Waterfall Model in SDLC
The Waterfall model in SDLC (Software Development Life Cycle) is the first model introduced to represent the development of software in different phases.
In a paper written in 1970 about his experience writing software for satellites, Dr. Winston W. Royce of the Lockheed Software Technology Center introduced the idea. Royce spoke of the downstream value of documentation but avoided using the term waterfall.
Applications for industrial design continue to employ the waterfall approach. It is frequently mentioned as the initial software development methodology. The paradigm application is broader as a top-tier project management approach for challenging, diverse undertakings.
What is the Waterfall model?
The Waterfall model is a sequential software development model with several phases, each completed linearly. The model follows a series of steps: planning, design, implementation, testing, and maintenance. It is essential to complete each phase before starting the next one.
The Waterfall model is famous for software development projects with clear and well-defined requirements. A linear, sequential approach works best when the end goal is clearly defined, and there is a clear understanding of what the software must do.
Steps involved in the Waterfall model
Each step of the waterfall method relies on the results of the one before it. The development of these projects follows a linear pattern. These phases include
#1 Requirements Gathering and Analysis:- The first step in the Waterfall model is gathering and analyzing the project’s requirements. This includes understanding the project’s scope, identifying the stakeholders, and gathering information about the end users.
#2 Design:- Designing the software is the next step. This includes creating a software architecture, identifying the system components, and defining the interfaces between these components.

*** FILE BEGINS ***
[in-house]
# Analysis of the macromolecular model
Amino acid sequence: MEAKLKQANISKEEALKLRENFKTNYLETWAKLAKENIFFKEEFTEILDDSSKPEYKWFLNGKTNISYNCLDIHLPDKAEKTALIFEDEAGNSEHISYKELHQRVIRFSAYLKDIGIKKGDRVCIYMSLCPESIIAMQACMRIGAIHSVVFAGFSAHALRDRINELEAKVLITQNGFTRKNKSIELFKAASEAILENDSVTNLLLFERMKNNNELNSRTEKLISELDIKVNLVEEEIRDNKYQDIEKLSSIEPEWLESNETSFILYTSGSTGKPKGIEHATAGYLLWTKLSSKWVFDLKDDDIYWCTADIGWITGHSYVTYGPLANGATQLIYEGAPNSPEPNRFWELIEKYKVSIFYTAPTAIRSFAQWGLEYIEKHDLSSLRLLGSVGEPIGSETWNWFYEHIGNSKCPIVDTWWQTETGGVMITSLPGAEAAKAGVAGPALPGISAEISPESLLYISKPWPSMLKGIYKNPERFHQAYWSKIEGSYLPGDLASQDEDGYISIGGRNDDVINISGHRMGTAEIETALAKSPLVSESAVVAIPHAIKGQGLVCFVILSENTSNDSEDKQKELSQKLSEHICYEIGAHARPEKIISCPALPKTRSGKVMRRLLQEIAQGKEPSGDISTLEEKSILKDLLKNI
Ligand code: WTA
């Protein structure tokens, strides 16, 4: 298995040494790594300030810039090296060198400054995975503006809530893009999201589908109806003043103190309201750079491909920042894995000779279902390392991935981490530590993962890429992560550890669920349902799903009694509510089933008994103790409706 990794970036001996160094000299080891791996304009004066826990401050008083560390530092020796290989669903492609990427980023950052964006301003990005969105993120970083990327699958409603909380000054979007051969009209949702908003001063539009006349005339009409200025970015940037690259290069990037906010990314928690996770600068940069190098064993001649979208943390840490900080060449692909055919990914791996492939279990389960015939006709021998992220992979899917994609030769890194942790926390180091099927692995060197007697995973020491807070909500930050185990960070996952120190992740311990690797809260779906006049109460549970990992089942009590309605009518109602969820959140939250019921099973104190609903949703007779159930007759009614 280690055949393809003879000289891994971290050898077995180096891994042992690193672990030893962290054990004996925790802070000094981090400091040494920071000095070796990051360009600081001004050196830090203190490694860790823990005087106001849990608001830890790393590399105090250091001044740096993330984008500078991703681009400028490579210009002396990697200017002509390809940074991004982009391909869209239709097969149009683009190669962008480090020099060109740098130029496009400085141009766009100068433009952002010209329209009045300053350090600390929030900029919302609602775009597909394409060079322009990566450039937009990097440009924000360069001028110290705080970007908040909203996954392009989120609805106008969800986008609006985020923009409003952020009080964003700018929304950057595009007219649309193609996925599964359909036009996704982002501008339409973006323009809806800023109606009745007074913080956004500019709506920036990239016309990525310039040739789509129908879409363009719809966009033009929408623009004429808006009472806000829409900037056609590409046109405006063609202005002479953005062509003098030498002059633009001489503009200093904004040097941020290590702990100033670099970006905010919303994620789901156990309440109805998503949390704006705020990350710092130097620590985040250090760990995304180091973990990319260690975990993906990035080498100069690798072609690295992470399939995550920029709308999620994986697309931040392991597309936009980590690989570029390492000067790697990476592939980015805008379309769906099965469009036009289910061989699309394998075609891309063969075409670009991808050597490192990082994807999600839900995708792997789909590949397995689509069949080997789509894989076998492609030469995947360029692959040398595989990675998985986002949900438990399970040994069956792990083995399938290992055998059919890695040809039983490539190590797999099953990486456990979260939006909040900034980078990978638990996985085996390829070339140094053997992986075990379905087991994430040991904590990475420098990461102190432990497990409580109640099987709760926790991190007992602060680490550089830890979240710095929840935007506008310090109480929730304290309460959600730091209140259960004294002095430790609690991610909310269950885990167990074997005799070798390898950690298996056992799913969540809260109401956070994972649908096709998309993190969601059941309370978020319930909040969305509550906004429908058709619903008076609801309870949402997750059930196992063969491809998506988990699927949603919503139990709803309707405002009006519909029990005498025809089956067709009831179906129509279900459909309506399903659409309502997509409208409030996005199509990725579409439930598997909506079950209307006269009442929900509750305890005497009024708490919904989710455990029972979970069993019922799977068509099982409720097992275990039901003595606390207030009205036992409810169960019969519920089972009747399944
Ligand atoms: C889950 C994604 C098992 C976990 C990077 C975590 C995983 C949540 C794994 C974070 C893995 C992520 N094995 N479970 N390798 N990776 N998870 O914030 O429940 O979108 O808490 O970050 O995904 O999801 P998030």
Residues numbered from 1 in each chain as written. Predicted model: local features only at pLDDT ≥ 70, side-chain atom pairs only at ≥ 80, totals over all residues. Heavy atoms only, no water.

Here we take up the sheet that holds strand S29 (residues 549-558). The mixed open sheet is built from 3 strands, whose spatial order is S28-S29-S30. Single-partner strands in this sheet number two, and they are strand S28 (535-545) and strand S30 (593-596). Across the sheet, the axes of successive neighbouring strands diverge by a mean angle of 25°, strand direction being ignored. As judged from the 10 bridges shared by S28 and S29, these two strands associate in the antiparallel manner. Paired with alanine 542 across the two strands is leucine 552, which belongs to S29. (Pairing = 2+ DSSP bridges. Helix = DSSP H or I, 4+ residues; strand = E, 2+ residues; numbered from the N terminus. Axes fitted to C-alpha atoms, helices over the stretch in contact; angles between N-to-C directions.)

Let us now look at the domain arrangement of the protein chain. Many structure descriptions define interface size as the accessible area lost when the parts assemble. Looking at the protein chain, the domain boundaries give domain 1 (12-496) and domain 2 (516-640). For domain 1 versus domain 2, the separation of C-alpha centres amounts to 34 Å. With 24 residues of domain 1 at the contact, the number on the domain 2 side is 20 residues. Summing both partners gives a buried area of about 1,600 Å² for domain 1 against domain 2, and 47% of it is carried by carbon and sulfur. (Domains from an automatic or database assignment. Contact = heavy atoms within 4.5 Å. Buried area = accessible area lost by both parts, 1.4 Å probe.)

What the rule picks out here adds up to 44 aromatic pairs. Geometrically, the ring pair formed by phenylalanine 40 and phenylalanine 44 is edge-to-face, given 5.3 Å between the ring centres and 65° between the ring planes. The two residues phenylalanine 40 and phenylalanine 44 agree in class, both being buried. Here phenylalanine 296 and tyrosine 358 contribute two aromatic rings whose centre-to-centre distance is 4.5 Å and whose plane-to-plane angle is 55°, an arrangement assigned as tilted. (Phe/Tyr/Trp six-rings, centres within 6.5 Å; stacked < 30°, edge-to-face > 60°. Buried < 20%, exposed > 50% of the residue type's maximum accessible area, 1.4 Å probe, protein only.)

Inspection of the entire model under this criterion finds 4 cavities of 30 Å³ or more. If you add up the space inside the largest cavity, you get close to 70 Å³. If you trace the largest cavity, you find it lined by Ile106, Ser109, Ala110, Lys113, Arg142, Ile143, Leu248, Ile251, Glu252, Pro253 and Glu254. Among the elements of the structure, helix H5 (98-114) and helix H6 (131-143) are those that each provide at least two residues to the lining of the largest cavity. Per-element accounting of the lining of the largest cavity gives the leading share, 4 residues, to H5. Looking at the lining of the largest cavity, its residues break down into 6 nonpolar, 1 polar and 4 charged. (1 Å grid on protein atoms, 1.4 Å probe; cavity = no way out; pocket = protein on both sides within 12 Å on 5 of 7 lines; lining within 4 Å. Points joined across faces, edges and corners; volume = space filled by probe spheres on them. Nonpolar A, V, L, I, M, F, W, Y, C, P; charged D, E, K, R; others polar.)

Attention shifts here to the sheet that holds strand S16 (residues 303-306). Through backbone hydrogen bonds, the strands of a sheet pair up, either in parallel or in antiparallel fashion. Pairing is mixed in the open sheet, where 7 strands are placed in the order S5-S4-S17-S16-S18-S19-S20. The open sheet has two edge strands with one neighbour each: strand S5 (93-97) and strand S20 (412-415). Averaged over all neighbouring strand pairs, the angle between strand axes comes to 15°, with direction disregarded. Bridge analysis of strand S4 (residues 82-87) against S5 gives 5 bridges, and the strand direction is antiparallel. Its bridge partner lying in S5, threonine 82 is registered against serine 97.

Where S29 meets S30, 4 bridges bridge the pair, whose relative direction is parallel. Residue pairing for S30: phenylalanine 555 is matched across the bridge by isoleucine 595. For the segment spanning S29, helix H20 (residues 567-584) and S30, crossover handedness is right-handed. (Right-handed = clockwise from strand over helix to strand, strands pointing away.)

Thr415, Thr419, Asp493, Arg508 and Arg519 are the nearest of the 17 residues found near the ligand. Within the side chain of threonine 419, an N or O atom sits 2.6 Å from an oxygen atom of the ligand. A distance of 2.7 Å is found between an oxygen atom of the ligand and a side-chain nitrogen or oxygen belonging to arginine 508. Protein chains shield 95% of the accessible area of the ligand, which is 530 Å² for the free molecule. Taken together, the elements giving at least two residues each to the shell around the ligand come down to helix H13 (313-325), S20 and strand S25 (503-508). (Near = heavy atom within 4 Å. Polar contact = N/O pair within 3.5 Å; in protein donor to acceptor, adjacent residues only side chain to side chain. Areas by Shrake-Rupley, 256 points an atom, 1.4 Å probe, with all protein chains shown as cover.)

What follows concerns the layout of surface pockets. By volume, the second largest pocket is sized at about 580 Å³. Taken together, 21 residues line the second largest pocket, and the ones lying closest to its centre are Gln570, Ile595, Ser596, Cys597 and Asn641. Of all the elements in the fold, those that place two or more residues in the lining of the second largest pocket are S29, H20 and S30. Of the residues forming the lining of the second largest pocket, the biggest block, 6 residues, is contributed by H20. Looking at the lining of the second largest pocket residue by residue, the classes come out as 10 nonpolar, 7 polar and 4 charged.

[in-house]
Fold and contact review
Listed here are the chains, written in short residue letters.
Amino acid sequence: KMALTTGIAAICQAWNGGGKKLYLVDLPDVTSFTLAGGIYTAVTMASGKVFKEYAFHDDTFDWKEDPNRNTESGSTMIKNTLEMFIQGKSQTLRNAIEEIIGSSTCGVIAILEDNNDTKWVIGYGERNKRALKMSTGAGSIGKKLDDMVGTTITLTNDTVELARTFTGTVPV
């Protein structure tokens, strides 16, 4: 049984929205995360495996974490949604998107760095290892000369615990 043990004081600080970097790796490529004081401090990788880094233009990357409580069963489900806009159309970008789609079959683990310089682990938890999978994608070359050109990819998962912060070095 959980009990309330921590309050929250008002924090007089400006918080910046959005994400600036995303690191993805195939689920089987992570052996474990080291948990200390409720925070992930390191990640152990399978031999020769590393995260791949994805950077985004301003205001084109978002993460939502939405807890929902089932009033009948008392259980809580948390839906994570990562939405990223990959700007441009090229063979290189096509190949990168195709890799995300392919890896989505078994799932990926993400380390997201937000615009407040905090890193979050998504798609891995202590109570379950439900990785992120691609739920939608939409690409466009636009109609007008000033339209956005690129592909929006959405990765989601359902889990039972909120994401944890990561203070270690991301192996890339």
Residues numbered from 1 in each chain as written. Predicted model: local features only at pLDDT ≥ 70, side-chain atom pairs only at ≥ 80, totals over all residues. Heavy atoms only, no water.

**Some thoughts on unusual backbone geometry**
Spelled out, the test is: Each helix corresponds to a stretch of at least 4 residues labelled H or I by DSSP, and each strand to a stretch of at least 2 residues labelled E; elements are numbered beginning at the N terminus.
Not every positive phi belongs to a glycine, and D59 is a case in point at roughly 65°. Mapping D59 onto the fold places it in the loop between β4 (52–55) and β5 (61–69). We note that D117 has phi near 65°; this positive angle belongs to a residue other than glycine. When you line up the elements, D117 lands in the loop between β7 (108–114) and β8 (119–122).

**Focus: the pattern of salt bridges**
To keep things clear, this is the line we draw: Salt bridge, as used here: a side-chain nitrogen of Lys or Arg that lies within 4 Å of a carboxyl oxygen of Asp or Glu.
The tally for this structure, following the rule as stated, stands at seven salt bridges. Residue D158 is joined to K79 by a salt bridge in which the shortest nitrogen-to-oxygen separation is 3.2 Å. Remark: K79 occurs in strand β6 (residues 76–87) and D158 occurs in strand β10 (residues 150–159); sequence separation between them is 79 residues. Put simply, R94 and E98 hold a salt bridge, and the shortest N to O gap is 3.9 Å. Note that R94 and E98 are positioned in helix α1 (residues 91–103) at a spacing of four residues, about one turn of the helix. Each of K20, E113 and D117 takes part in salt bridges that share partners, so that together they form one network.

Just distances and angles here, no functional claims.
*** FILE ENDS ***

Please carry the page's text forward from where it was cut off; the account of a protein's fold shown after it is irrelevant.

#3 Implementation:- The implementation phase begins once the design is complete. This involves writing the code for the software, integrating the components, and testing the software.
#4 Testing:- The following step is testing the software. This includes performing unit, integration, system, and acceptance tests.
#5 Deployment:- Once the testing is complete, the deployment of software happens in the production environment.
#6 Maintenance:- The final step is to maintain the software. This includes making changes to the software, fixing bugs, and providing technical support to the end users.
When to choose the Waterfall method?
#1 When There is a Well-Structured Plan For Execution
It is most effective when the teams or individuals working on the project fully comprehend the SDLC Waterfall Model. A model without challenging methods is simple to utilize. Even while it’s relatively easy to understand, implementation of the Waterfall model happens only when the answer to most of the questions that arise in the development is yes. Will the Waterfall model help the team to achieve the development efficiently? Will it expedite the procedure? And many more.
#2 When Less Risk Involved
The use of the SDLC Waterfall Model happens only when it imposes little risk. For instance, a team is confident enough to deliver the product without returning to the model’s earlier phases or if the project doesn’t require ongoing client interaction.
#3 When Requirements are Defined
Utilize the SDLC Waterfall Model to manage the various components of the project. There shouldn’t be any disagreements between the working team and the client.
Advantages and Disadvantages of the Waterfall Model
Some of the advantages and disadvantages of Waterfall Model are listed below:-
Advantages of the Waterfall Model
- The Waterfall model is easy to understand and use, which makes it a popular choice for software development projects.
- It provides a clear picture of the final product’s appearance and how it will function.
- The Waterfall model is a linear, sequential approach that makes it easier to estimate the time and resources required for each project phase.
- The Waterfall model is a reliable and predictable method for software development.
Disadvantages of the Waterfall Model
- The Waterfall model is unsuitable for projects with changing requirements, as it is a linear, sequential approach that does not allow to make changes once a phase is complete.
- The Waterfall model does not allow for feedback from the end-users
Using the waterfall model, guiding the team by monitoring the project’s moving parts is easy. It is a must when the team can finish tasks on schedule, allowing the developer to deliver the project to the clients when they anticipate it.
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